Skip ahead to 14 or 15 months, and we have the introduction of Sebastian Braun's "Meeow" books - ultimate favorites around here. The explicit point of these books is how to use objects in unexpected ways to play pretend. These came into our house, once again, as a library find when I was prepping a storytime for 2- and 3-year-olds. The first one we brought home was Meeow and the Pots and Pans:



In this one, Meeow and his friends use pots and pans to make a band. It caught my daughter's attention due to the simple text, bold illustrations, a cat as a main character, and the fact that they were banging on pots and pans - something that she can easily relate to. This is an easy one to see how to extend, but we'll return to it later.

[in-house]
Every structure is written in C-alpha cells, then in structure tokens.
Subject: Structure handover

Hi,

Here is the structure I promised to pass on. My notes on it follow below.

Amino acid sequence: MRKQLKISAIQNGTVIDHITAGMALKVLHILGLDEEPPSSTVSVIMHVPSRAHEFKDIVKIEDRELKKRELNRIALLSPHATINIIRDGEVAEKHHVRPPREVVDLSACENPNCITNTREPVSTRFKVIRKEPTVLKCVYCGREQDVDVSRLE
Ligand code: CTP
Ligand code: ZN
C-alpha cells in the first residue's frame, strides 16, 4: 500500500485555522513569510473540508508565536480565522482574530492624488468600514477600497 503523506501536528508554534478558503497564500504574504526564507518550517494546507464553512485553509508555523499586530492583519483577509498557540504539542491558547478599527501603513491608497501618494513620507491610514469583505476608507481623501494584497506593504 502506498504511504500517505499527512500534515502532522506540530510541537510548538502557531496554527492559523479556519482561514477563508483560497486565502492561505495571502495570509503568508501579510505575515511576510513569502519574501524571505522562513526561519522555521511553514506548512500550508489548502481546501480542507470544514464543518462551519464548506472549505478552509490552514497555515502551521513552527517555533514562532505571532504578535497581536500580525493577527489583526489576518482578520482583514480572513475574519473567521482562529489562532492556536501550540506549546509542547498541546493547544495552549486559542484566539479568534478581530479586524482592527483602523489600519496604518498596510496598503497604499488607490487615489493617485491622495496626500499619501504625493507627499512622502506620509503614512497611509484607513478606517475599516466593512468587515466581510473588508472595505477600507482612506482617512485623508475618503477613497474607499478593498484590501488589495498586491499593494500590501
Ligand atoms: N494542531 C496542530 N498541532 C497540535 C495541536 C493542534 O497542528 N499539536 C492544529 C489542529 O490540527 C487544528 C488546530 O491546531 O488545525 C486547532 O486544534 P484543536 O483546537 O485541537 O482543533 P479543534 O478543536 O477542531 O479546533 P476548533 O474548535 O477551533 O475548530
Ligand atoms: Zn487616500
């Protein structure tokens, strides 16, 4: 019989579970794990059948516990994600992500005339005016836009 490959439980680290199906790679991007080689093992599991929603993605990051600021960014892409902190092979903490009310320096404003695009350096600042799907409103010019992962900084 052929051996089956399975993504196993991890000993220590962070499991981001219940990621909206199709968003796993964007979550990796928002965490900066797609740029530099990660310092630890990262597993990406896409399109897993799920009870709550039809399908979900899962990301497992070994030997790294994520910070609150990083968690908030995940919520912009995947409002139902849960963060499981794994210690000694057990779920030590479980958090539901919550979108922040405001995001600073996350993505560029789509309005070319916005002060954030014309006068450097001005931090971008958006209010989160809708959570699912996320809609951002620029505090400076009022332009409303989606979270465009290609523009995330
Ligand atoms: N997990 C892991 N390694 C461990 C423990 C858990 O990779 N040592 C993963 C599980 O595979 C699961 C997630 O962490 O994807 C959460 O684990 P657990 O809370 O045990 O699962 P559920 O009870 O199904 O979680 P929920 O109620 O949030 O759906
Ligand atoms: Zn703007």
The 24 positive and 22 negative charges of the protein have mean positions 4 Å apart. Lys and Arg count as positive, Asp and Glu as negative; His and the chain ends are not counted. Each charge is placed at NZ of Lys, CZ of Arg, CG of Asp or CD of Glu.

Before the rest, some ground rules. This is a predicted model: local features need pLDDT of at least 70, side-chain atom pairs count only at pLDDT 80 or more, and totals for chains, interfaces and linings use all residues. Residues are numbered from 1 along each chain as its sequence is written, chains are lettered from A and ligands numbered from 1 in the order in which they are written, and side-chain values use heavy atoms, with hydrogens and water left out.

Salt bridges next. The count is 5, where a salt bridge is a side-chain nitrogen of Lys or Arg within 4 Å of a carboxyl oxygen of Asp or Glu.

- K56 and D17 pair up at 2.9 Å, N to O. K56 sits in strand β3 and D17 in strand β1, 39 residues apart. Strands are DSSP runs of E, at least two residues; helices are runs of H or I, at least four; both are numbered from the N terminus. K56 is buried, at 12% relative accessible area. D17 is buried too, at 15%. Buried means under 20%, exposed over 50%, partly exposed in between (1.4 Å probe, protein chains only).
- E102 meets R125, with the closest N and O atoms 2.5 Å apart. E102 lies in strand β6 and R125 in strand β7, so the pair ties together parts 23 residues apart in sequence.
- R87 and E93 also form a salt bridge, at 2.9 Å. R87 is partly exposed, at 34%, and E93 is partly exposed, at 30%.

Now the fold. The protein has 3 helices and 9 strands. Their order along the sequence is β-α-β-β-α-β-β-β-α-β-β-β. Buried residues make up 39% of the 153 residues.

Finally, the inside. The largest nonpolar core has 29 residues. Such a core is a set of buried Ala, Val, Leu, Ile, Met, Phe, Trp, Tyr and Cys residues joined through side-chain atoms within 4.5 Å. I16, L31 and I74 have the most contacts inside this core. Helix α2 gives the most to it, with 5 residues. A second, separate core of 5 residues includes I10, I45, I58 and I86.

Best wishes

When the first book seemed to interest her quite bit, I brought home another one, and this is where it became more interesting. The second Meeow book we brought home was Meeow and the Little Chairs:



In this one, Meeow and his friends line up their chairs and make a train. She was only half paying attention the first time my husband read it to her, and was in fact, wandering around playing. Cat, chairs, that's nice and mildly interesting. But when my husband got to "Ding-ding! Choo-choo! Meeow has made his very own train!", she whirled around, ran over to him and made him read it again. And he tells me she was literally standing there goggle-eyed with her jaw hanging open. Her first twist ending.